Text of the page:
Monday, January 27, 2014

TM claims in DMCA notice may lead to 512(f) liability

CrossFit, Inc. v. Alvies, No. 13–3771, 2014 WL 251760 (N.D. Cal. Jan. 22, 2014)

CrossFit sued Alvies for trademark infringement, among other things, and Alvies counterclaimed for false advertising/unfair competition.  CrossFit moved to dismiss the counterclaims and partially succeeded.  CrossFit alleged that it developed a fitness training regimen and provides a nationally standardized certificate program to personal trainers who can become licensed CrossFit affiliates. It has several CrossFit registrations and ITU applications.  In 2011, Alvies launched a blog at “” and created a “CrossFit Mamas” Facebook page. She posted daily high-intensity interval training routines, and readers used the comments section to post and track their personal progress on certain exercises. She sold vitamin meal replacement shakes through the blog and added Google AdWords advertising.

In Spring 2013, a CrossFit paralegal demanded that Alvies stop using the CrossFit name on her blog and affiliated Facebook page, and also began communicating with at least one reader of Alvies’s blog about the quality of Alvies’s workouts. The paralegal stated that she had “assessed a few days of [Alvies’s] workouts,” that it was “bad programming,” and that a CrossFit trainer determined that Alvies’s workouts were “stupid and unsafe.”

CrossFit requested that third parties (possibly Google) remove Alvies’s blog and sent a DMCA takedown notice to Facebook.  Alvies allegedly reached an agreement to move to “” and “,” though the paralegal allegedly asserted that Alvies could not use the term “CFMamas” because “CF” is a common abbreviation of CrossFit.  CrossFit continued to demand that Alvies disable Google AdWords and stop selling vitamin shakes.  It allegedly reneged on the deal and demanded that she stop using; she moved to “” But then CrossFit repeatedly demanded that Alvies delete over two years of blog posts, allegedly as part of an improper attempt to remove evidence of her prior use in commerce of marks subject to CrossFit’s ITUs for nutritional shakes etc.

CrossFit argued that Alvies’s claim for violation of §512(f) should be dismissed.  The DMCA doesn’t provide trademark remedies, but CrossFit’s claims were based on trademark, not copyright.  CrossFit nonetheless argued that Facebook allows trademark takedown notices too.   The court responded: so what?  Alvies plausibly alleged a material misrepresentation of copyright infringement; “[w]hether CrossFit may have been able to convince Facebook to remove Alvies’s page on some other ground has no bearing on CrossFit’s compliance with the DMCA.” CrossFit argued that she wasn’t injured because if it hadn’t submitted a DMCA notice it would have submitted a trademark notice. The court refused to “hypothesize about what Facebook would or would not have done if it had received a trademark takedown notice regarding Alvies’s Facebook page.”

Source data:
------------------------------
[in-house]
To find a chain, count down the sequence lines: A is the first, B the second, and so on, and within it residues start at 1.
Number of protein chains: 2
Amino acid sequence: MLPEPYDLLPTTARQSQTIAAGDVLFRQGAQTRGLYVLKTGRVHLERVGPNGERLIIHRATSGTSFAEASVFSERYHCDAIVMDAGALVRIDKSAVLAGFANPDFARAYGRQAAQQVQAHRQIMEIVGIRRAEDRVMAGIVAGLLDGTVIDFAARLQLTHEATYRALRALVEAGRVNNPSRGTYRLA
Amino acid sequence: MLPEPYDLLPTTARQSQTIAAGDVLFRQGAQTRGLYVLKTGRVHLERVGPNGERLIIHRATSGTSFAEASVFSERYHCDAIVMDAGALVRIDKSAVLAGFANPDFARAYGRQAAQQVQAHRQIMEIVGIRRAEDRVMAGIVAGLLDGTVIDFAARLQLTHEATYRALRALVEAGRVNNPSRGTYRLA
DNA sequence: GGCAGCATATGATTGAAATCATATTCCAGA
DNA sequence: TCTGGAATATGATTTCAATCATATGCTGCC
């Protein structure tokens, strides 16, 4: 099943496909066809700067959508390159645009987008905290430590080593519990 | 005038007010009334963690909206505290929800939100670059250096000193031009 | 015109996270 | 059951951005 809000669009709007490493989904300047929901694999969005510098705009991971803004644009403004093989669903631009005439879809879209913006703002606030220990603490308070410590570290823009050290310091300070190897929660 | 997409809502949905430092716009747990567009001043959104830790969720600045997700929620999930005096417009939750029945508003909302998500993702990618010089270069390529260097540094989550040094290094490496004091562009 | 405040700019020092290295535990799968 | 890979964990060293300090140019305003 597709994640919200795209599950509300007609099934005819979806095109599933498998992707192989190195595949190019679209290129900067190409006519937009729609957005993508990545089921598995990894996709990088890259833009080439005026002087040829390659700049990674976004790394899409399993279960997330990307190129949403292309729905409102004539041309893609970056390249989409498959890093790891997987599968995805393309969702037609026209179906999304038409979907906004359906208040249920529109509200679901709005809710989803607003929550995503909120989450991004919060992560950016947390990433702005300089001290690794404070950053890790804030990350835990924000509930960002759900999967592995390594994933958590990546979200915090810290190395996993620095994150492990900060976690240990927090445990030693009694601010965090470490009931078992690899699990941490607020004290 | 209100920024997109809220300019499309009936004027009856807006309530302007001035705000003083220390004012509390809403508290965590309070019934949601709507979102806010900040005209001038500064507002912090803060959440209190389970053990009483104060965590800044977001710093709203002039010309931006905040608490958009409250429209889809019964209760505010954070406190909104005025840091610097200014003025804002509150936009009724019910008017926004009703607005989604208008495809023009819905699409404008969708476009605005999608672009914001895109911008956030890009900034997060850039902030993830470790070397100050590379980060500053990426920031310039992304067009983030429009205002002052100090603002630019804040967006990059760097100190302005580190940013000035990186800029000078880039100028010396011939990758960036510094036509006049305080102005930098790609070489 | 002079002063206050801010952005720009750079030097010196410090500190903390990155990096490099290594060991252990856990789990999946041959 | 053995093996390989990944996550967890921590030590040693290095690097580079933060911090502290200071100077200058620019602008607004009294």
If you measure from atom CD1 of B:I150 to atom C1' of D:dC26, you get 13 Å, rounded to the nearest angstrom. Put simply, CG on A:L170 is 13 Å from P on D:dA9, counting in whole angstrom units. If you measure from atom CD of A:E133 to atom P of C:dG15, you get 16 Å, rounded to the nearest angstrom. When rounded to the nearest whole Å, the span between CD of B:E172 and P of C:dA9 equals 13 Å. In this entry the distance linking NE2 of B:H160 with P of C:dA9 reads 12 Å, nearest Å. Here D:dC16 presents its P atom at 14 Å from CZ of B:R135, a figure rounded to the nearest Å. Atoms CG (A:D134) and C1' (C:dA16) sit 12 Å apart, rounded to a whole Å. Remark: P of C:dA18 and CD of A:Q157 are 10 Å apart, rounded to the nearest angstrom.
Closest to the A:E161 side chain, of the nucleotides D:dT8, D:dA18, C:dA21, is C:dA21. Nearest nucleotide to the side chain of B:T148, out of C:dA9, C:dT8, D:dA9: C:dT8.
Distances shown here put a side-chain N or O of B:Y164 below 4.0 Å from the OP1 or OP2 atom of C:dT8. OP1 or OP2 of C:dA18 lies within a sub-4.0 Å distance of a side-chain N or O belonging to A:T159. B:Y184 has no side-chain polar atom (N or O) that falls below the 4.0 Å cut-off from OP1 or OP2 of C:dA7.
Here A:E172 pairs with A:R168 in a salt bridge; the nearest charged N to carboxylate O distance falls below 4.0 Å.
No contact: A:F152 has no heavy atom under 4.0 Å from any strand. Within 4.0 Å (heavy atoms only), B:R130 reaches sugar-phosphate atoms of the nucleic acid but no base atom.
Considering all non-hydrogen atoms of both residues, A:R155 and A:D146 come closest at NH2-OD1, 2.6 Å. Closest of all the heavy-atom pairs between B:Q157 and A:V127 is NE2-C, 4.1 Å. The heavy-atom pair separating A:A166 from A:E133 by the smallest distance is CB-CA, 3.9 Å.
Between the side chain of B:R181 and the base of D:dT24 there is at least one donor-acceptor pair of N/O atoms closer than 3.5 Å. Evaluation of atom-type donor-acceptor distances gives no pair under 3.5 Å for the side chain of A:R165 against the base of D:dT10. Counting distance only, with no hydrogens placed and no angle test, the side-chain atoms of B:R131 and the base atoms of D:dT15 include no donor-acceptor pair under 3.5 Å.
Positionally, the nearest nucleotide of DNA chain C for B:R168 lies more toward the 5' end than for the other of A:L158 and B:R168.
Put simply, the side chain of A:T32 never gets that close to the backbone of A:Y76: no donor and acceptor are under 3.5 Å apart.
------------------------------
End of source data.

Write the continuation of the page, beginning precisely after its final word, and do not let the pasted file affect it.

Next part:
Alvies brought a California UCL claim on the theory that CrossFit was harassing her to eradicate all evidence of her prior use of marks for which CrossFit had filed ITUs.  CrossFit argued that Alvies lacked standing (of course) because she failed to plead economic injury.  Not so.  “Alvies alleges that her blog and affiliated Facebook page generated at least a modicum of revenue through the sale of vitamin shakes and Google AdWords, and that CrossFit wrongfully caused those pages to be removed.”  But UCL remedies for a private plaintiff are generally limited to injunctive relief and restitution, and Alvies’s prayer for relief was too vague; she didn’t seek injunctive relief and restitution requires that the defendant “acquired the plaintiff’s money or property by means of ... unfair competition”; it was unclear how CrossFit could have received Alvies’s lost revenue.  The UCL claim was dismissed with leave to amend.

As for Lanham Act false advertising, CrossFit argued that Alvies lacked standing because they weren’t direct competitors.  It’s a large fitness training company and she’s a blogger.  Nope.  “Both parties offer fitness training services. Their business models differ, but they offer similar services to consumers. … [N]othing in the Lanham Act suggests that differences in size preclude a finding of competition.”  However, Alvies didn’t plead “advertising or promotion,” because the paralegal’s statements to at least one reader didn’t constitute “an organized campaign to penetrate the market.” Any amended pleading would need to identify CrossFit’s allegedly disparaging statements and explain how they were disseminated to the purchasing public.

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